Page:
Accounts about demand levels were mixed in Asia this week, with some suppliers mentioning healthy requirements, leading to a tightening of certain grades, and others describing consumption as lackluster, but in line with expectations for this time of the year.
A majority of consumers and producers typically strive to end the year with lower inventories in order to avoid paying taxes on material sitting in tanks or at the warehouse. As a result, suppliers offer attractive prices and other incentives to promote sales, while buyers tend to shop around and limit their purchases to smaller shipments than earlier in the year.
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This trend, together with the resumption of full production rates at most refineries since the first quarter–when fuel demand had picked up – has resulted in plentiful supply of most base stocks, and some have actually become so long that prices have tumbled.
Nowhere was this more evident than in the API Group III segment, where demand for the 4 centiStoke grade has been buoyant, while requirements for the 8 cSt cut have languished, resulting in abundant availability and lower price levels for this cut. Supply and demand for the 6 cSt grade were deemed more balanced and prices steadier.
Participants explained that the 4cSt cut has been in high demand for automotive applications, particularly since earlier in the year when some of the Group II grades were less readily available and prices had shot up. This was true not only in Asia, but in other regions such as North America as well. The robust buying interest affecting 4cSt supply has persisted over the last few weeks, leading to the current tight conditions and firm prices.
Suppliers said that they were shipping out as much 4 cSt as possible, but it was still not enough to meet all requirements, even though plants were running at close to maximum capacity.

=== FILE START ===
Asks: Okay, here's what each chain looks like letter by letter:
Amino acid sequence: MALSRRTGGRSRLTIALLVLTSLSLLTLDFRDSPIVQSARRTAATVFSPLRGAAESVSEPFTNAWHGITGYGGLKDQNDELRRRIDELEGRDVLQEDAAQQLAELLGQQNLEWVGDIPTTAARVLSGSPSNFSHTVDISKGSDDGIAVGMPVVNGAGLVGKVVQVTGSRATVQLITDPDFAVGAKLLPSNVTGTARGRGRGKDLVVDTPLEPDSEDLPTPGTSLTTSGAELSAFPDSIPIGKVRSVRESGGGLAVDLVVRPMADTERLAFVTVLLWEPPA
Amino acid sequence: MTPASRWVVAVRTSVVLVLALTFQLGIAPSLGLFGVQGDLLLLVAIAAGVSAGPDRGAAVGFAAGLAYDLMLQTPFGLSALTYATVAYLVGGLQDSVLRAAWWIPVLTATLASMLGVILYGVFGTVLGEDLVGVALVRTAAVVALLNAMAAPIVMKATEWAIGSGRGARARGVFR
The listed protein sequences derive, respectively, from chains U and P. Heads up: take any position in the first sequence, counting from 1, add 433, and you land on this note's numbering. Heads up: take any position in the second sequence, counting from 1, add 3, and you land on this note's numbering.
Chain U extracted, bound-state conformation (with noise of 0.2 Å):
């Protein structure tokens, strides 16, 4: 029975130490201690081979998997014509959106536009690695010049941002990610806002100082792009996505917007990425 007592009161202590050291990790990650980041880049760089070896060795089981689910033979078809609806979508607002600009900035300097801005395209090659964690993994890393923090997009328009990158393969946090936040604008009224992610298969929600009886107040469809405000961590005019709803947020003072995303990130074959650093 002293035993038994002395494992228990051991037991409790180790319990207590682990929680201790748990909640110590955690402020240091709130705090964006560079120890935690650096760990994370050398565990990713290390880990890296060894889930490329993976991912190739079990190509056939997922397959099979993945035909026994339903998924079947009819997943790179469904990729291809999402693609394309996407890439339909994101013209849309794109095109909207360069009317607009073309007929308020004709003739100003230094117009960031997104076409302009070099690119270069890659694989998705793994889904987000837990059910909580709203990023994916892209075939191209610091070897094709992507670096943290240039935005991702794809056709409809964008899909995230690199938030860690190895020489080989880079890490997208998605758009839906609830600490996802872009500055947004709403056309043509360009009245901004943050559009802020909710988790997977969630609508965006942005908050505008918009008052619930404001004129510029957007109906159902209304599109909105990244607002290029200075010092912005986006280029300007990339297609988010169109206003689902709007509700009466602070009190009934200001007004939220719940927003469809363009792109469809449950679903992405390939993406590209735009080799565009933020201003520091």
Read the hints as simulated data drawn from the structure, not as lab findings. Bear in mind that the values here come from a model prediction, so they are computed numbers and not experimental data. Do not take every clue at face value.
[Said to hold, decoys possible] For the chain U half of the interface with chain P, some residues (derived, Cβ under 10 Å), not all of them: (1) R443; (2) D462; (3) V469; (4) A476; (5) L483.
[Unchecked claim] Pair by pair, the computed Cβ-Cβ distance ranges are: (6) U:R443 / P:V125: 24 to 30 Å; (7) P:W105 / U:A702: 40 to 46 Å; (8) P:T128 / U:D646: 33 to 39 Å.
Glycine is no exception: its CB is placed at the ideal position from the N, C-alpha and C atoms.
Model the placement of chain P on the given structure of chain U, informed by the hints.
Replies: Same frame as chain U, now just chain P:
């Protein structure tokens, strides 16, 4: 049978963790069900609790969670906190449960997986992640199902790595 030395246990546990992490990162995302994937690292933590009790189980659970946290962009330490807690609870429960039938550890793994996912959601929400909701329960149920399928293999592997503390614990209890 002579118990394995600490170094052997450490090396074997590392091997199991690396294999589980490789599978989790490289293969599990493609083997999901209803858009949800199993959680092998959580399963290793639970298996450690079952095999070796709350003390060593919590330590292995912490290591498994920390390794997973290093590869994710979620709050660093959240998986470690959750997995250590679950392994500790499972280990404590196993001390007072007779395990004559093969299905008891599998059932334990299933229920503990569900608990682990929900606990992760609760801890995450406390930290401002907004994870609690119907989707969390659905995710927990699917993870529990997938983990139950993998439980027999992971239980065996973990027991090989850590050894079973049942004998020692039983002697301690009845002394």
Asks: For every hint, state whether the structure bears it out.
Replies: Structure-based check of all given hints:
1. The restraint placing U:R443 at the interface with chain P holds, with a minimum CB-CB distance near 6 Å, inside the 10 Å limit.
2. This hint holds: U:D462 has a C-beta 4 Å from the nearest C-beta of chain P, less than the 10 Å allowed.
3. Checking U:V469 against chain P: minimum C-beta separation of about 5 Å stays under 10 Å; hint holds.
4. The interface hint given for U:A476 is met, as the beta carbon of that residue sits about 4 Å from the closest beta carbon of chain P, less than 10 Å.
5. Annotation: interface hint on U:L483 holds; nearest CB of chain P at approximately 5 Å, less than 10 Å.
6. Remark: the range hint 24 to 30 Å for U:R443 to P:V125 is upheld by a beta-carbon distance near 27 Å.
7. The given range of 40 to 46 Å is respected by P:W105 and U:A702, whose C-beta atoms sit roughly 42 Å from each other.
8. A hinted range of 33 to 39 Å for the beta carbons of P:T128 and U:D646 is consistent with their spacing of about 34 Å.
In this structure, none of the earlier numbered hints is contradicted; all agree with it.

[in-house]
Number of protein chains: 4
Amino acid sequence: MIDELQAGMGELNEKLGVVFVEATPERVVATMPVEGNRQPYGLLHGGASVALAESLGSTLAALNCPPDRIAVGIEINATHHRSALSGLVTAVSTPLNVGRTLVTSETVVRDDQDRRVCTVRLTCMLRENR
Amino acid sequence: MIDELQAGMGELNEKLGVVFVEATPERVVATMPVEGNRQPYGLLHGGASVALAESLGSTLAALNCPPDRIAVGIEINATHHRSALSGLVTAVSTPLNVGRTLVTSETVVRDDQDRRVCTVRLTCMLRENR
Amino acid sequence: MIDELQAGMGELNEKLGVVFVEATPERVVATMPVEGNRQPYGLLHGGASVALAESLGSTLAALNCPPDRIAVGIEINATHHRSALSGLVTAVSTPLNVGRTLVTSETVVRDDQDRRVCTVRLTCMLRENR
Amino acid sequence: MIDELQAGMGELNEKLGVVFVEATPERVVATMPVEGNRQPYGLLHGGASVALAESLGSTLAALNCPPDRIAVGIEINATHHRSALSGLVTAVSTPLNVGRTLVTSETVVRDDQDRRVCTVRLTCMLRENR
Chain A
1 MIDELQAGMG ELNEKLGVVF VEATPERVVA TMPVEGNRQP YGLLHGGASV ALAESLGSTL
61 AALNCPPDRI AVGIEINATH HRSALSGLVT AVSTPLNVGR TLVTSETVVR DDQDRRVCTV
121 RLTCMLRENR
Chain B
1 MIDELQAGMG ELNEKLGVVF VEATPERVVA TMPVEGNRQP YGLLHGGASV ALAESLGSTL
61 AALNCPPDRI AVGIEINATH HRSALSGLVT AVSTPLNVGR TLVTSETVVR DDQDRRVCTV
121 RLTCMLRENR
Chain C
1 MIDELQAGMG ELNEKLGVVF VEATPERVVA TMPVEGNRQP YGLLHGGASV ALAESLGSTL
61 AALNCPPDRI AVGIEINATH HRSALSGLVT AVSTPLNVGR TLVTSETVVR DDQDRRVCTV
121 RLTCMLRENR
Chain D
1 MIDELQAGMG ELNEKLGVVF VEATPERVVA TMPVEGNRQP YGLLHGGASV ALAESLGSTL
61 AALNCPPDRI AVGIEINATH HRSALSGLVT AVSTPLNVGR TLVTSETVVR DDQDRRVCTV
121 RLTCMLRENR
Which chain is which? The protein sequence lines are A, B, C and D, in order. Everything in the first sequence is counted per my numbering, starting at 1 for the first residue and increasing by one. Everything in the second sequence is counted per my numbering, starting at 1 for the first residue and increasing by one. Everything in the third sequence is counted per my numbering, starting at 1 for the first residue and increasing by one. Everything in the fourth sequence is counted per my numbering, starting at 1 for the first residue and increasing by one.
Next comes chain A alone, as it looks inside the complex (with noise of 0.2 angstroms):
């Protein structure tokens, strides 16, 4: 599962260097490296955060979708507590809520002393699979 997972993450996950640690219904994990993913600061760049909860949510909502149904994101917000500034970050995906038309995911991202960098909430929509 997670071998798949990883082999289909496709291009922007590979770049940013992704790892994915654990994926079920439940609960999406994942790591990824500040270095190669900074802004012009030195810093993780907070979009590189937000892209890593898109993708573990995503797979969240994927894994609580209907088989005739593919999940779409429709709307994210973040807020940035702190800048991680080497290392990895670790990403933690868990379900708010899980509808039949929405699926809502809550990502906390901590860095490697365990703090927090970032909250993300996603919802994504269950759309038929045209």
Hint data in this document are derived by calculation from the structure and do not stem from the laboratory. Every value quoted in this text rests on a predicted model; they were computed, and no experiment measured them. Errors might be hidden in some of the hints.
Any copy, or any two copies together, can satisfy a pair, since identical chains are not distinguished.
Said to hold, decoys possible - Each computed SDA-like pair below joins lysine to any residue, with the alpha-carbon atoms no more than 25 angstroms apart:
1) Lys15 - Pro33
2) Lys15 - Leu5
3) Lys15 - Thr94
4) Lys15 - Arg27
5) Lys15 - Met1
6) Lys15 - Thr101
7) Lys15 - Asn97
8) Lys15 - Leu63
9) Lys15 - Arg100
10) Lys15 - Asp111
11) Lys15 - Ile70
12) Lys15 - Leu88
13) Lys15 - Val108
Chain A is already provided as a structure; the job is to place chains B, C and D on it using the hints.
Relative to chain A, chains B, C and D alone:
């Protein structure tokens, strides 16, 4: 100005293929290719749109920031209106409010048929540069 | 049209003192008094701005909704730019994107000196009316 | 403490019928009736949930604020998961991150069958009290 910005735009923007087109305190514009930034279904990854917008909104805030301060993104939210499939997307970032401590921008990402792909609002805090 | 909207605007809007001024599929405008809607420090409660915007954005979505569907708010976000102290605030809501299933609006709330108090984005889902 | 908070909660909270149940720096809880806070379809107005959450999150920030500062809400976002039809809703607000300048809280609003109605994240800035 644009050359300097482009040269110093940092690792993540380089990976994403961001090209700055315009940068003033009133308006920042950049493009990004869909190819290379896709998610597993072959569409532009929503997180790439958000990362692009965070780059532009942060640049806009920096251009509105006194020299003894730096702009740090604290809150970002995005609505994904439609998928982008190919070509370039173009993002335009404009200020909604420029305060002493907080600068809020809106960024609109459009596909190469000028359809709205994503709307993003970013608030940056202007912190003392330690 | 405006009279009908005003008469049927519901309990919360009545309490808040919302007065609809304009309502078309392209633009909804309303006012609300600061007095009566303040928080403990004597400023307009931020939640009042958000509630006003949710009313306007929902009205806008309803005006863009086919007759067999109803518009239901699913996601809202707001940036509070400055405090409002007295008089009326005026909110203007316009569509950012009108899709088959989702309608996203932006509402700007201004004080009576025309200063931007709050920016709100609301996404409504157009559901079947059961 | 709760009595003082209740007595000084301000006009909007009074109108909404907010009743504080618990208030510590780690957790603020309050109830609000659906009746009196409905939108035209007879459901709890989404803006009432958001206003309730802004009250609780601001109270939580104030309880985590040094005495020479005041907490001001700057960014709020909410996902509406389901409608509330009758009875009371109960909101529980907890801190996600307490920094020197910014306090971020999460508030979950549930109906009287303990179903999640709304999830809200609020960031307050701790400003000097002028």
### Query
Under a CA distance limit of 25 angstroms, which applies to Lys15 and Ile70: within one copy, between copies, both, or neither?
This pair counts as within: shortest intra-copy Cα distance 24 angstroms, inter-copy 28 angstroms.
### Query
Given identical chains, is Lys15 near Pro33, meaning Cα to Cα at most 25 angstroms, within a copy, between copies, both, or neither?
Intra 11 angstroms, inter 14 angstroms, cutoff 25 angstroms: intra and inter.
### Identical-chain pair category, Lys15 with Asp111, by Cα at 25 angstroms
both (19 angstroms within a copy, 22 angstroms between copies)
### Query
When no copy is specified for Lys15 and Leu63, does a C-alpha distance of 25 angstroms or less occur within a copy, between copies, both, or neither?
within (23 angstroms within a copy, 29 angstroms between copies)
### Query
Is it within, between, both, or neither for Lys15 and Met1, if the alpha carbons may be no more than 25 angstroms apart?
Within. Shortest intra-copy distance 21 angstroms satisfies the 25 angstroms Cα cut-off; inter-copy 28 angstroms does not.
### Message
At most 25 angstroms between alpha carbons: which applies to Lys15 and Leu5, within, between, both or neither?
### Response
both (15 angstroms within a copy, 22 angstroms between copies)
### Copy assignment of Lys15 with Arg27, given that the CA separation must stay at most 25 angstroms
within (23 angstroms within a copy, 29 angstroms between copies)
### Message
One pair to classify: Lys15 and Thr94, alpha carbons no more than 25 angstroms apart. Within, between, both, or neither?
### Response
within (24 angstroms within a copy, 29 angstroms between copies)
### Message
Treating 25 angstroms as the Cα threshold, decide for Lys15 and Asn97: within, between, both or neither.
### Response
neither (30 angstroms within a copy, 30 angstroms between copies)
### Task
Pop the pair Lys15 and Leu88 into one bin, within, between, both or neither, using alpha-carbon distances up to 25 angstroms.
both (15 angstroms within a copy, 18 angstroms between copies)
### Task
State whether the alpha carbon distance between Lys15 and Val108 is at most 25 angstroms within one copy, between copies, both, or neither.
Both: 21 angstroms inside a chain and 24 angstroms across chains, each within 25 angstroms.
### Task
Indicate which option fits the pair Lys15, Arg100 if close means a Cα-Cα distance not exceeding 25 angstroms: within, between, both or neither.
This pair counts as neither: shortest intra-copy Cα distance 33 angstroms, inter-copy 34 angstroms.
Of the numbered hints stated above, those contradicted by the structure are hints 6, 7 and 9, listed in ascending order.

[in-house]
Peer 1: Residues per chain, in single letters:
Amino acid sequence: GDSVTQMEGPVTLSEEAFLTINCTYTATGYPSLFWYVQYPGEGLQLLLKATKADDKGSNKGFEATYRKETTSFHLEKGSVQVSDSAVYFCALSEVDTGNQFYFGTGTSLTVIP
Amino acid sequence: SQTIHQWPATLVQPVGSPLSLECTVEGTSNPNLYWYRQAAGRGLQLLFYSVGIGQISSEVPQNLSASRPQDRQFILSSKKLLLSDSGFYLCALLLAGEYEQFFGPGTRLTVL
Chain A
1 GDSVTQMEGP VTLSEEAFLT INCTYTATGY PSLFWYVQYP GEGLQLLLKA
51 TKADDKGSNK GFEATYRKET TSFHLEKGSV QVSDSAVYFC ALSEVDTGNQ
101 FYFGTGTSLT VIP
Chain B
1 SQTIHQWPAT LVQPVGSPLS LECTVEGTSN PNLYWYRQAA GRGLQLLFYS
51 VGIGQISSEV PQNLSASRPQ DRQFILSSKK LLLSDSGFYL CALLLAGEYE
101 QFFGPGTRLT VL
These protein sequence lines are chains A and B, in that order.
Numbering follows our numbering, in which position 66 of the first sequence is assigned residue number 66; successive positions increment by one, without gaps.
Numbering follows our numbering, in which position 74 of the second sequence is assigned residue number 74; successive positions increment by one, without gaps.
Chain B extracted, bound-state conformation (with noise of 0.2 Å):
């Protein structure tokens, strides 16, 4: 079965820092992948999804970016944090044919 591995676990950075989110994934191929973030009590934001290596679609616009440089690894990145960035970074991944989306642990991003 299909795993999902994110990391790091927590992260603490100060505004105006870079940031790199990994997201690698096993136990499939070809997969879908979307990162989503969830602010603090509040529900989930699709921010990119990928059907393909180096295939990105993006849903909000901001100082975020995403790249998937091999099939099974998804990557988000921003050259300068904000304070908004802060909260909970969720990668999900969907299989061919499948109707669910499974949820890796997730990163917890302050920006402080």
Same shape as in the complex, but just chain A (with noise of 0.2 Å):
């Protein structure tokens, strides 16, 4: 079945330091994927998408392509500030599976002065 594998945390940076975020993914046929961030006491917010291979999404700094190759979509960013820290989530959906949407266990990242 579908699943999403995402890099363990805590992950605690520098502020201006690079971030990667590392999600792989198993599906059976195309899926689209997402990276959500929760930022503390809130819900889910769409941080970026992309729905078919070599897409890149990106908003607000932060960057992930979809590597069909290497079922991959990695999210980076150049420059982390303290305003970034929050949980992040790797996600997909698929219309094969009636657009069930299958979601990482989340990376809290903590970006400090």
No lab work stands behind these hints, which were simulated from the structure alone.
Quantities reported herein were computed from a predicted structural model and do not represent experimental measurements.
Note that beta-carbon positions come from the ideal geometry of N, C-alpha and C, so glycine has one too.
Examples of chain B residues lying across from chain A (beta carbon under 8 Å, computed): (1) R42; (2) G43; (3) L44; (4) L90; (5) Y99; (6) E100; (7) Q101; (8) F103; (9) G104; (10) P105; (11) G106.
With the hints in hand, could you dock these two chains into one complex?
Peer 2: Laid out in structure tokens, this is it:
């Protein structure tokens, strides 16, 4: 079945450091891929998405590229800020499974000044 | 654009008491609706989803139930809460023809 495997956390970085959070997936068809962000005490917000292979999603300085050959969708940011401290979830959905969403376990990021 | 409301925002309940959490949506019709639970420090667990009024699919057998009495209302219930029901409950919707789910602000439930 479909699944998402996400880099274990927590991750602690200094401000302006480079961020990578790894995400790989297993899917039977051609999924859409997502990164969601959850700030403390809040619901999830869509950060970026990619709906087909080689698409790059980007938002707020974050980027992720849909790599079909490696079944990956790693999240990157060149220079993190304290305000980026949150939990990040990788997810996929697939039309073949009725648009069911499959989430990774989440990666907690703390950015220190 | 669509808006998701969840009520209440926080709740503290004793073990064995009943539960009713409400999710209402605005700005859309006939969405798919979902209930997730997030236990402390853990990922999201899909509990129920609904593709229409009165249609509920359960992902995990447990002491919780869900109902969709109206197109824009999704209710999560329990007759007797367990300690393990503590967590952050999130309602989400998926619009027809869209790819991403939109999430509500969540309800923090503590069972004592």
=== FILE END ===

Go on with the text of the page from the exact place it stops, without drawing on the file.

A number of Group III suppliers have upped the volumes shipped within Asia, with South Korean producers shipping an increasing number of cargoes to Asian destinations since September, while there have also been numerous shipments moving to the United States from Asia and the Middle East to meet the vigorous demand there.
Within the Group I and II segments, requirements for the lighter grades have also been healthy, despite the approach of the year-end holidays, in response to pent-up demand for finished lubricants. Manufacturing disruptions and transportation issues caused by the pandemic a couple of months ago have resulted in demand for lubricants picking up later in the year than usual.
Transportation and logistics issues have encouraged suppliers to find buyers closer to home, instead of incurring the risk of long-distance shipments and mounting freight rates.
Southeast Asian Group I producers were heard to have little product available for spot transactions due to steady regional consumption, and healthy demand for the light grades in particular has led to rising price indications. Negotiations for December shipments were gathering speed, and prices were expected to react to the fresh requirements.
Bright stock prices, which had surged to record highs in the first half of the year, continued to be exposed to downward pressure given that buying interest was more muted and availability has loosened up.
With the lifting of lockdowns in many Asian countries, transportation and driving has increased, which has led to higher demand for lubricants and fuels. However, the rise in consumption of fuels such as diesel and accompanying higher prices had prompted a number of refiners to increase fuel production, consequently reducing base oil output. This had triggered concerns among buyers of possible shortages in the first couple of months of the new year.
As border restrictions that had been imposed due to the spread of COVID-19 were progressively being lifted in many countries, more air travel and an increase in jet fuel consumption were expected. As a result, refiners would be encouraged to operate refineries at higher rates.